During this time, I was pregnant, parenting an energetic toddler full time, trying to manage a team of other stressed staff members, and making tough decisions on the management end all while conducting virtually therapy to clients in crisis. As you can imagine, my environment looked completely different than a colleague who was single, close to retirement and living alone. Her struggles surrounded loneliness, whereas my longing was for a moment of quiet. When conversations about returning to in-person work started happening I found that some people were thrilled, while others, having grown accustomed to tele-work, were upset to have to leave behind their newfound love of being able to conduct their work from the comfort of their own home. A rhythm they had come to cherish as something that absolutely filled their soul – perhaps the very type of “self-care” they were needing all along. This experience completely opened my eyes to the fact that there is no cookie cutter way to practice self-care. A bubble bath and a manicure for one person may be bliss, while to others it may seem boring or like a waste of money.

In order to practice true soul filling self-care its important to take an inventory of your life and figure out where the deficits are and how to fill them. I suggest the following things :

  • Take some time to think and journal about some favorite days you’ve experienced. Describe these days in detail, then go back and pinpoint the things that made these days great. Can you implement some of this in your current life?
  • Reflect on the happiest time in your life. When was it? What did a typical day look like? Perhaps this was way back in childhood and your adult interests have changed, but at your core you are still YOU. For example- I used to love spending hours outside catching frogs in our family pond. As an adult, I don’t have any desire to catch frogs, but the quietness of nature and the solitude I experienced can be re-created with a hike.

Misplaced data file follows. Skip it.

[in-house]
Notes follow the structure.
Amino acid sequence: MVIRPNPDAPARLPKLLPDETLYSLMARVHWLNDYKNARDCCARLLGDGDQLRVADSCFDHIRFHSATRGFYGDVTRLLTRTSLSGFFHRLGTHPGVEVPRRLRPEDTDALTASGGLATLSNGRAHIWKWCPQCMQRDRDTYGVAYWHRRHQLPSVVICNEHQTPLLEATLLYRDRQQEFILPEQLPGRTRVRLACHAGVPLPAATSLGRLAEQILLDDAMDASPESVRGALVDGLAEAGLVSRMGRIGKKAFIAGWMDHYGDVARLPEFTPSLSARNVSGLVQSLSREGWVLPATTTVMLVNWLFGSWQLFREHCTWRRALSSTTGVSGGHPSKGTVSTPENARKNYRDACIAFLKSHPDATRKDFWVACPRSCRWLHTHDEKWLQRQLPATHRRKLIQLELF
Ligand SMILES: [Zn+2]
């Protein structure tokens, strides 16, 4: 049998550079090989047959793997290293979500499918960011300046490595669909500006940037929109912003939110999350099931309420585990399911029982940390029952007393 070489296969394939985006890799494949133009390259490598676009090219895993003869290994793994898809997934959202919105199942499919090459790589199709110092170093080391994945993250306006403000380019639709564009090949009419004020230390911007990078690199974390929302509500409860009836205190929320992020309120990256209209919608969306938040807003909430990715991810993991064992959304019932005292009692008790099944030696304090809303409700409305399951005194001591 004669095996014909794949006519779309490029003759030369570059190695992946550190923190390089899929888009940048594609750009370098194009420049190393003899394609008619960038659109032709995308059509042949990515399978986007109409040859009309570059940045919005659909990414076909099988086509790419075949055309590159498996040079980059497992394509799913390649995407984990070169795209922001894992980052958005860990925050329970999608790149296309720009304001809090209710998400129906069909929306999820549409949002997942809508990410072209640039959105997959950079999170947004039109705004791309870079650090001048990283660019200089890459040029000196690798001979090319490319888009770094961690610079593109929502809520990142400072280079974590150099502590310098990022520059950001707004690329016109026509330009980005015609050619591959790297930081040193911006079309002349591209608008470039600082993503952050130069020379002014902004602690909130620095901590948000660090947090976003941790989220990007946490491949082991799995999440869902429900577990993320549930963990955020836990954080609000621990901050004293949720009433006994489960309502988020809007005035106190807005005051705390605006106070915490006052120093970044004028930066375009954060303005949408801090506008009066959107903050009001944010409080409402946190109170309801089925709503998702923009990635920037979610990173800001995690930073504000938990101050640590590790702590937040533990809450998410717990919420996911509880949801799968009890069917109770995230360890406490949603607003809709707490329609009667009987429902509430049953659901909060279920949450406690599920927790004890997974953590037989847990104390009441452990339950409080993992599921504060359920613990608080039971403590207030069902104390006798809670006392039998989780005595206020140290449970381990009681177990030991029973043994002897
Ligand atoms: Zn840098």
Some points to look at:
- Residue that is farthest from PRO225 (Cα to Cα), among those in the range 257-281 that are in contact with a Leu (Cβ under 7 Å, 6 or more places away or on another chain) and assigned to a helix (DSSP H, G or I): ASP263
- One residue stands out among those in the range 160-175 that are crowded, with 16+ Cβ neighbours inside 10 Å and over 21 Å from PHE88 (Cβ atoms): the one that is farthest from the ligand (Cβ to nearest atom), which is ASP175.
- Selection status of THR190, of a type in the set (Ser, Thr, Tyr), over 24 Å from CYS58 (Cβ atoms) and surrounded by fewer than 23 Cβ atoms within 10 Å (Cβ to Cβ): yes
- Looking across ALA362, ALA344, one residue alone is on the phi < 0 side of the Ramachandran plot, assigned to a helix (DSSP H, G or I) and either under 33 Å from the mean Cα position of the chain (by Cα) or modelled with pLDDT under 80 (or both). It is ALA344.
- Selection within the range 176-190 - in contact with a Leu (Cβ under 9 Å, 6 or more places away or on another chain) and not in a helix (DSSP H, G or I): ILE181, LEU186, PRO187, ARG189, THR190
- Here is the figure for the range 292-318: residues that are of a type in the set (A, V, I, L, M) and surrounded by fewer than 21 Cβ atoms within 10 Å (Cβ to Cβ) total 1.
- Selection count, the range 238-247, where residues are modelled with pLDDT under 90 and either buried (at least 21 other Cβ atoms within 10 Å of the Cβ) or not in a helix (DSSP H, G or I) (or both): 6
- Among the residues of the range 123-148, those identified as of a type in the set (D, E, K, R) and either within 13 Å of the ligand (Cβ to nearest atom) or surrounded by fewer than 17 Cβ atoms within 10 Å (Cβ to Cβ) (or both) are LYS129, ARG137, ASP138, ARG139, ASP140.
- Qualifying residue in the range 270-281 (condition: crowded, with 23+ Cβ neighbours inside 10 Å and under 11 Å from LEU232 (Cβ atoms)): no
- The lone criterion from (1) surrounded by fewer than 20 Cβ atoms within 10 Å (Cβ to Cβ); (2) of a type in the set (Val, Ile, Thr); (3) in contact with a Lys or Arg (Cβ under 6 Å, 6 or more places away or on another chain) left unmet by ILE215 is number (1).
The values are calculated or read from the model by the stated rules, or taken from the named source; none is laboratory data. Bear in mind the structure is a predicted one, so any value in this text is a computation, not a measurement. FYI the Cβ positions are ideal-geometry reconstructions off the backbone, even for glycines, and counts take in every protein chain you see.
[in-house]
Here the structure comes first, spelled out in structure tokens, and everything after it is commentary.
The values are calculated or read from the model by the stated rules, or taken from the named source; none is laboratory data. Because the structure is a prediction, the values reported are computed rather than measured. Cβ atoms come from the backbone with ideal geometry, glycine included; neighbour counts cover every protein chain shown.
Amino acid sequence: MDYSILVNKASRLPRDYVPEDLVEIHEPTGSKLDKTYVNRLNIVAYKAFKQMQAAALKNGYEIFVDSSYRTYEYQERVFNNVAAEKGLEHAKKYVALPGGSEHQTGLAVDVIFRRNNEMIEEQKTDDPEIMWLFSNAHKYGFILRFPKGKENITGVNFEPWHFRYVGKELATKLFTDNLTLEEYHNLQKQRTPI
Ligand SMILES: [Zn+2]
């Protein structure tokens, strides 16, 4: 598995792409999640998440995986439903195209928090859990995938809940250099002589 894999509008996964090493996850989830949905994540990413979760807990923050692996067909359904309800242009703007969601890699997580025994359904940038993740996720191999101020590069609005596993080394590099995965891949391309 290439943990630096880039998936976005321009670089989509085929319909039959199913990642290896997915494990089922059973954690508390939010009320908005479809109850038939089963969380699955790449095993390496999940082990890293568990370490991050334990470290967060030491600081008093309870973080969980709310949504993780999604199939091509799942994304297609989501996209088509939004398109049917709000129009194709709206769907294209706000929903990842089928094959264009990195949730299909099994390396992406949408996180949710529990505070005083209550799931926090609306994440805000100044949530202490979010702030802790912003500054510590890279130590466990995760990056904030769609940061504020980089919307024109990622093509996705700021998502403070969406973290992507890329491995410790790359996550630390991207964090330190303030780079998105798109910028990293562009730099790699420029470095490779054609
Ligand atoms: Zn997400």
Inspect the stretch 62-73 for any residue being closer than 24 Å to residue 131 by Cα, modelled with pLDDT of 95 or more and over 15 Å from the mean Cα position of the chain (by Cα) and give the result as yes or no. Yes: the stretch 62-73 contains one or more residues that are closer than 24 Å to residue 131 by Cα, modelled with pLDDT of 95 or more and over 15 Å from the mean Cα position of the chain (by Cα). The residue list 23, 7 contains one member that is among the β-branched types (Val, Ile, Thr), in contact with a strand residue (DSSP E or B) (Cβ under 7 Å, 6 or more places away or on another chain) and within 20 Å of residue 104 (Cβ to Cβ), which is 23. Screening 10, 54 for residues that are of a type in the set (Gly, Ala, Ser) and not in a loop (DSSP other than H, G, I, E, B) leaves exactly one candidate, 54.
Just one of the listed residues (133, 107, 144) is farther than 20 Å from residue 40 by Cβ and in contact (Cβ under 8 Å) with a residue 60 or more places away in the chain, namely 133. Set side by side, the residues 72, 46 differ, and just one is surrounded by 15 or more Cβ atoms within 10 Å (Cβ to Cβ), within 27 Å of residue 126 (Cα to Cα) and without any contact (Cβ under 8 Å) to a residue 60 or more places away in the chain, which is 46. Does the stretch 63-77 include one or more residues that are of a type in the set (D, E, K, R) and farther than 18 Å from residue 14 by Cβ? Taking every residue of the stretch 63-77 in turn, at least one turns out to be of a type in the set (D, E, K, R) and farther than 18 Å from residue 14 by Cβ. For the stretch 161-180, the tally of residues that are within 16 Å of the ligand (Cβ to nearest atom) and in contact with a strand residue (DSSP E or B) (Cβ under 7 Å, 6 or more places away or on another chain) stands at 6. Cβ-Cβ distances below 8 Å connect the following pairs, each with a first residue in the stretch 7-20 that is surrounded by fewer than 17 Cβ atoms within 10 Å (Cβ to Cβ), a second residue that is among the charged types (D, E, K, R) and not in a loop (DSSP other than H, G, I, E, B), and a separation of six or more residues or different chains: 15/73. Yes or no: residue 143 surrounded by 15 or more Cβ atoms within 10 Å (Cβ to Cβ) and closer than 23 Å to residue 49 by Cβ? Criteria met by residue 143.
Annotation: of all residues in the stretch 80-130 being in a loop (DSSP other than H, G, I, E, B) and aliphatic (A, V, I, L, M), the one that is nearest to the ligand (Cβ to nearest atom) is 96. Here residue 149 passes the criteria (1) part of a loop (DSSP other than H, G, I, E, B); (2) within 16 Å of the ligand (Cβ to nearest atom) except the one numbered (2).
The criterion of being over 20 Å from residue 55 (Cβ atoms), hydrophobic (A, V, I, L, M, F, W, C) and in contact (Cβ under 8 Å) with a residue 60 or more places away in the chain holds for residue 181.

• Be bold and ask for what you need. Schedule it. No excuses. It can be fun to dream of these things and then never get around to actually doing them. You deserve it.
  • Look for opportunities in your day-to-day life. You do not need a full weekend, day, or even afternoon to put some of these things in place. Examine a typical day for yourself. Do you have 10 minutes in the car between daycare drop off and work? Are you spending that 10 minutes mentally creating to-do lists for the day and listening to bad music on the radio? Could that time be spent better?

Lastly, I would like to encourage anyone in a position of caring for others, whether your a parent, spouse, boss, or CEO to encourage the people in your life to do the things I mentioned above. This should be a top priority. Tune in and notice the needs of those around you and realize that people have a hard time asking for what they need. There are countless studies, like the 2016 study by the Organisation for Economic Co-operation and Development and this study from Stanford University   that show that treating people with real compassion (people can see past the fake stuff) and trust will reap positive results for everyone involved.